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Baptists concerned about baptism numbers
Adelle M. Banks, Religion News Service
June 04, 2010
4 MIN READ TIME

Baptists concerned about baptism numbers

Baptists concerned about baptism numbers
Adelle M. Banks, Religion News Service
June 04, 2010

Ask a Southern Baptist about

the state of the denomination and you’ll probably get an answer with numbers in

it.

Numbers of baptisms in

particular. And recently, declining numbers of baptisms.

As members of the nation’s

largest Protestant denomination ready for their annual meeting June 15-16 in

Orlando, Fla., statistics loom large in their plans to chart a new direction

after years of malaise.

“In 2008 we baptized only

75,000 teenagers,” reads a new Southern Baptist report called “Penetrating the

Lostness.” “In 1970 we baptized 140,000. Why? … Churches in America are

losing ground with each successive generation.”

BR file photo

Baptism numbers have raised concerns about the future of the Southern Baptist Convention.

Why are Southern Baptists so

focused on statistics? Simply put, they view them as a tangible way of tracking

how well they are reaching those they call the “lost” — people without Jesus

Christ.

“I think the hand-wringing is driven by an angst of do we

want to join so many other denominations in decline?” said Ed Stetzer,

president of SBC-affiliated LifeWay Research, which compiles and analyzes statistics.

Stetzer has issued blunt

assessments of the denomination’s baptism rates and membership decline — a

reversal of fortunes that some Baptists have had trouble acknowledging. In a

May commentary, he reviewed the ups and downs of baptism rates over the last

six decades and declared that membership has probably peaked at 16.1 million.

“Blips, untended, become

dips … and dips, untended, become crypts,” he warned in the commentary that

appeared on Southeastern Baptist Theological Seminary’s “Between the Times”

blog.

Other observers look at the

numbers with worry.

“In our history as Southern

Baptists, we’ve never had the kind of malaise statistically we’ve had in the

last five years,” said Alvin Reid, professor of evangelism at Southeastern.

The latest baptism

statistics — 349,737 reported in 2009 — represent a 2 percent increase from

2008, when baptisms hit their lowest level since 1987.

The Southern Baptist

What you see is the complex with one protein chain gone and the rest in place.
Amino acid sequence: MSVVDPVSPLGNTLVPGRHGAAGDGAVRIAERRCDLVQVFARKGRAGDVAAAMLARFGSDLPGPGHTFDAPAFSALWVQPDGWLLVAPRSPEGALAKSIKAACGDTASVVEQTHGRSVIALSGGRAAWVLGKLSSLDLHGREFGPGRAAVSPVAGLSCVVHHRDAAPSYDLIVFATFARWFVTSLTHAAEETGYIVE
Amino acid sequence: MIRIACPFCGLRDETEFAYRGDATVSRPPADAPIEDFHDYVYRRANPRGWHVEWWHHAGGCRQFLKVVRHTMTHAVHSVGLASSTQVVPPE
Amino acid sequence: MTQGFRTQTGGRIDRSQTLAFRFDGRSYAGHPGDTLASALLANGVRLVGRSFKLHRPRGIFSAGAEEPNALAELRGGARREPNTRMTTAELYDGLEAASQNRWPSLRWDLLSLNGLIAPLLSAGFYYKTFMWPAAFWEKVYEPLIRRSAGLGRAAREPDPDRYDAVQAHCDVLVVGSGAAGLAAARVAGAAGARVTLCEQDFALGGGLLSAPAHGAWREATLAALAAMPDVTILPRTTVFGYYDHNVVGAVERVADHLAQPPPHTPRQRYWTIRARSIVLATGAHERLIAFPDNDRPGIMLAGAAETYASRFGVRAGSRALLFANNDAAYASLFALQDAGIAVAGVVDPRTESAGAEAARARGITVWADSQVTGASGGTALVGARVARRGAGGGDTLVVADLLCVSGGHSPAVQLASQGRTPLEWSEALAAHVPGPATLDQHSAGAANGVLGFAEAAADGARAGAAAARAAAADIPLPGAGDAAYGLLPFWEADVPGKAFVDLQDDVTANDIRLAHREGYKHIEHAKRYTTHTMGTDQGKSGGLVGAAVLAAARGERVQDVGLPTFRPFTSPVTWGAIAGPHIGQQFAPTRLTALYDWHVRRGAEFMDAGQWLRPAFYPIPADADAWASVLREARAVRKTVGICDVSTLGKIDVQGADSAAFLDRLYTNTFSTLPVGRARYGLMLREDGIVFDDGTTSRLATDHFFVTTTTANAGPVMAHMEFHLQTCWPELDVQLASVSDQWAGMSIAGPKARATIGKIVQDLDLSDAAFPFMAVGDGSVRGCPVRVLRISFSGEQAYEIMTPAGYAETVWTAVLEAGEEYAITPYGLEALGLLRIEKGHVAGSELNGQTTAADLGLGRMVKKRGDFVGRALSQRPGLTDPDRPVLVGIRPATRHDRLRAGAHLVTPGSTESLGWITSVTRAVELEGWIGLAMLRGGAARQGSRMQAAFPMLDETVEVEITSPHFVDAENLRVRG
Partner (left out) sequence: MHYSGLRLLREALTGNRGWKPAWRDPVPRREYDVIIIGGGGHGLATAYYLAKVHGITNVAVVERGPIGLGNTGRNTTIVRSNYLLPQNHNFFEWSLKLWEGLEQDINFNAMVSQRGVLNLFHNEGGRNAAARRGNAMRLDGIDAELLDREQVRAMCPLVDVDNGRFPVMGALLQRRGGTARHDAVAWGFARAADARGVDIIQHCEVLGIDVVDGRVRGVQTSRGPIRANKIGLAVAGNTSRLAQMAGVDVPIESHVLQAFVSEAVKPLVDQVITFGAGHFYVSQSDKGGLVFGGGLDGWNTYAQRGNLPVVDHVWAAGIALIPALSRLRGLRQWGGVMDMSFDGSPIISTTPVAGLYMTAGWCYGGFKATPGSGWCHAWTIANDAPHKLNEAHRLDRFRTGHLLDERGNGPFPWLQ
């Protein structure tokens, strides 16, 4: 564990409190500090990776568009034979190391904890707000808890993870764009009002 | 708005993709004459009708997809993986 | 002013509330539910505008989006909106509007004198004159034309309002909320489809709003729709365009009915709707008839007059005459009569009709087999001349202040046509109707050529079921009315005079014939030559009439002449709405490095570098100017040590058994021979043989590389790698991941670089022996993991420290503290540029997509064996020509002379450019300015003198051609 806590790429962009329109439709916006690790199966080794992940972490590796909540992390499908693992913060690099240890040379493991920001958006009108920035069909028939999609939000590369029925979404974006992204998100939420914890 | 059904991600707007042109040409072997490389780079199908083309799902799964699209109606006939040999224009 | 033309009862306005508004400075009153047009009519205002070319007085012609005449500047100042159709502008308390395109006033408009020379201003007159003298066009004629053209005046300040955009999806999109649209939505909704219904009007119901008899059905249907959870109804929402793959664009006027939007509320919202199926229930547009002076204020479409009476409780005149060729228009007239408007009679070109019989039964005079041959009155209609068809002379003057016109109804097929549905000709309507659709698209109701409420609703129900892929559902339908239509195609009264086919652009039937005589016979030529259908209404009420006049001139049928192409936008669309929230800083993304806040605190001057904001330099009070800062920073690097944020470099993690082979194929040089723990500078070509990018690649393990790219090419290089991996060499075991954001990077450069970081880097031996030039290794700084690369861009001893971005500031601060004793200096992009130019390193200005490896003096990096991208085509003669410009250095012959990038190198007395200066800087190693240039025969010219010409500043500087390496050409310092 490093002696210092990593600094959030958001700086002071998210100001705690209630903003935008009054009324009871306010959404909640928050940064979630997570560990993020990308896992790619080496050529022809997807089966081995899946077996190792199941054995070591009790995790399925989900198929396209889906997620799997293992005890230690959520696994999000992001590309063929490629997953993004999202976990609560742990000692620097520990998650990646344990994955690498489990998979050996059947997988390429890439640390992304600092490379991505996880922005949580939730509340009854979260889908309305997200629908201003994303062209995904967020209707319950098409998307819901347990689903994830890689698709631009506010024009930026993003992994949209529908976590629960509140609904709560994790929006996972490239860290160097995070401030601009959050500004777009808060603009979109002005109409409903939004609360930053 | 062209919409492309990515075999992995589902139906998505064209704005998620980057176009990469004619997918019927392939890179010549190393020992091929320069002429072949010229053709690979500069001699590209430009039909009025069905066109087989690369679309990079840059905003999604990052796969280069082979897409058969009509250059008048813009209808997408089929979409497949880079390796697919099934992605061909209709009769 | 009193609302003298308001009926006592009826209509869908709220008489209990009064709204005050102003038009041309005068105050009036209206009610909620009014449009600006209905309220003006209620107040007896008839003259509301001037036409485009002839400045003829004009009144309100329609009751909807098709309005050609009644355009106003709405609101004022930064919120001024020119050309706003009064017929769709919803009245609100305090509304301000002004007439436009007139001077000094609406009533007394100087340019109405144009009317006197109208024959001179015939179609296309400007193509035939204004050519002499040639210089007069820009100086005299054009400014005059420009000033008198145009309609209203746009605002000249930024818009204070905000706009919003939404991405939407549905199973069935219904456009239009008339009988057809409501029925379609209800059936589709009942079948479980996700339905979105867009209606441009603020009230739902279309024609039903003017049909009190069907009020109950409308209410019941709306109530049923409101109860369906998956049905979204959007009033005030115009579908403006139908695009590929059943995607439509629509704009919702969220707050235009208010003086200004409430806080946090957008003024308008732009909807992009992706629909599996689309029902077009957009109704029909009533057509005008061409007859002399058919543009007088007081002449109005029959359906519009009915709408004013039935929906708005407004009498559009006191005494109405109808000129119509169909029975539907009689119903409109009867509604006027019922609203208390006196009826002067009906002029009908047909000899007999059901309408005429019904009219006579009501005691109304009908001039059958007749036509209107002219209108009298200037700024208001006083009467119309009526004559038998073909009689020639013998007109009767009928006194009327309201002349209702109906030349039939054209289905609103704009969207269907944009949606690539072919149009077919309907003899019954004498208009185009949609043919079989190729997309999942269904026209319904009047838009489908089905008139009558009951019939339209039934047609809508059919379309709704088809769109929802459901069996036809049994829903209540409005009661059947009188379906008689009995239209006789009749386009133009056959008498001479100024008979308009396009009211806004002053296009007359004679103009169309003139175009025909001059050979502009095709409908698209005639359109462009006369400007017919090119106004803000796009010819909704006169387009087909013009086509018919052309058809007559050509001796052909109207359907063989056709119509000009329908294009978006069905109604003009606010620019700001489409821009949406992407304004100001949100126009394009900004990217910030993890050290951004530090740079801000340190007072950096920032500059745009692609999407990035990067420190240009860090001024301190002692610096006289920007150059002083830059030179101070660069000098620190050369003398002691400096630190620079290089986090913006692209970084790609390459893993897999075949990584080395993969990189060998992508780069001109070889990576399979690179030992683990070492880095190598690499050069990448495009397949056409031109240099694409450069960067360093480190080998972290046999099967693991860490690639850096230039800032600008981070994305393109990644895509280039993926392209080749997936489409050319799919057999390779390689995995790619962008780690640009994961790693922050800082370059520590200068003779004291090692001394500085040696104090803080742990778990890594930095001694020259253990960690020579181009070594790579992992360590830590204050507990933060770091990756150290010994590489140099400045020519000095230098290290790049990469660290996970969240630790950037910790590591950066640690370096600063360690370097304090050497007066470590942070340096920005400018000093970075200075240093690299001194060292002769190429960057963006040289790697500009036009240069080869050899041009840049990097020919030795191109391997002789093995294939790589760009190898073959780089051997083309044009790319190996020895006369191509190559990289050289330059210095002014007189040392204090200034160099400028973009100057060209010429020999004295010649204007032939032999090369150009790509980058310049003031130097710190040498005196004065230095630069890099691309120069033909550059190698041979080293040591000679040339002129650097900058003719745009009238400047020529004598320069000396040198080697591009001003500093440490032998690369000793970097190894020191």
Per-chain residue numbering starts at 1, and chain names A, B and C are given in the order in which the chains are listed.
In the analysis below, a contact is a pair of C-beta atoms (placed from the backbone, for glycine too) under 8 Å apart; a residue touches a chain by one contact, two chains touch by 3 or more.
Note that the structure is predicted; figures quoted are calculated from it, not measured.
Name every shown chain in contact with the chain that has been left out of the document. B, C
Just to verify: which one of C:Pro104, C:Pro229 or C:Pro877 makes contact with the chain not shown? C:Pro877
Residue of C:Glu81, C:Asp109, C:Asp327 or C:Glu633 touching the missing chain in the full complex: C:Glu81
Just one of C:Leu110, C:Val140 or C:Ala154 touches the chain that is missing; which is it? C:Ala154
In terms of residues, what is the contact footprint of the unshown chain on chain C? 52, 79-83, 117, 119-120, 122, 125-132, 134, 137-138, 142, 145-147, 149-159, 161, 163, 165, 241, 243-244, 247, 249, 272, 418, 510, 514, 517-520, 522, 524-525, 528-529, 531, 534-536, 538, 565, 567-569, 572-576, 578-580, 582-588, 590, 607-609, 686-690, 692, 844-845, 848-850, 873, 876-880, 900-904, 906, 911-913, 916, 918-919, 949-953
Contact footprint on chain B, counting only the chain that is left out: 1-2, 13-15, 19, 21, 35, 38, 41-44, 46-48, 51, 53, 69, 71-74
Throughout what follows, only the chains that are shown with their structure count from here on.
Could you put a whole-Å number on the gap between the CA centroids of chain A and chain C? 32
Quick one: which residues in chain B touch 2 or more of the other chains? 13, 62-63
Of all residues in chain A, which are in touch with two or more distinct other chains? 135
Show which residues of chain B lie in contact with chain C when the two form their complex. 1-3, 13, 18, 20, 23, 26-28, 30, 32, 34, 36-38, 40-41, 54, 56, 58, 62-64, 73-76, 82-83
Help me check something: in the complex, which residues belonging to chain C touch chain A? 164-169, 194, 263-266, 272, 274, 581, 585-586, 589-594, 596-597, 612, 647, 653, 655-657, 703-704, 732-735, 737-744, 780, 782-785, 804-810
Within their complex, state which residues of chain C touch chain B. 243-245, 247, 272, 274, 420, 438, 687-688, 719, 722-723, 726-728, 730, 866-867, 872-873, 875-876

emphasis on baptisms is rooted in the theological belief — deeply embedded in

Baptist DNA — that each baptism is evidence of a new Christian life, said Dale

Jones, secretary-treasurer of the Association of Statisticians of American Religious

Bodies.

“They would be looking far

more at the baptism rate itself,” said Jones, who directs a research center for

the Church of the Nazarene. “Most of us tend to look at attendance or actual

membership. Their emphasis is on how many new people they got this year.”

Some Southern Baptists have

begun to wonder if some of the numerical focus is misplaced, with a subtle —

and sometimes not-so-subtle — belief that bigger is better.

Les Puryear, a North

Carolina pastor who recently launched the SBC Majority Initiative, is pushing

for a greater representation of small churches on Southern Baptist agency boards.

“There is that small church

bias that if you’re not growing like 100 people in a month or baptizing a lot

of people then you’re not as valuable, you’re not doing something as good as

the larger churches and that’s just not true,” he said.

Stetzer said Southern

Baptist researchers have found that new smaller churches tend to have higher

percentages of baptisms than established churches.

Bill Leonard, outgoing dean

of the Wake Forest University School of Divinity, said the denomination, known

for its conservative-moderate theological fights in the ’80s, is now facing a demographic

crisis.

“Finally, after years of

trying to avoid their demographic downturn or hoping it was just a glitch on

the radar … the statistics have become so dire in terms of membership and

baptisms and funding and connections that they’re really having to revisit who

they are and what they’re going to be and do,” he said.

Baptists hope part of the

solution will be a report from a “Great Commission Resurgence Task Force,”

which seeks a new vision for the denomination.

The recommendations, which

call for restructuring Baptist agencies to revive a focus on evangelism, have

been met with criticism from some Southern Baptist leaders. On June 2, retiring

Executive Committee President Morris Chapman harshly criticized the plan,

saying it “will demote, devalue, and potentially destroy the cooperative spirit”

in the denomination.

In addition to potential

restructuring, Southern Baptists are anticipating several key leadership

changes, including tapping former SBC President Frank Page to replace Chapman.

During the June meeting,

Baptists also will choose from four candidates — three Southerners and one

Midwesterner — as their next president.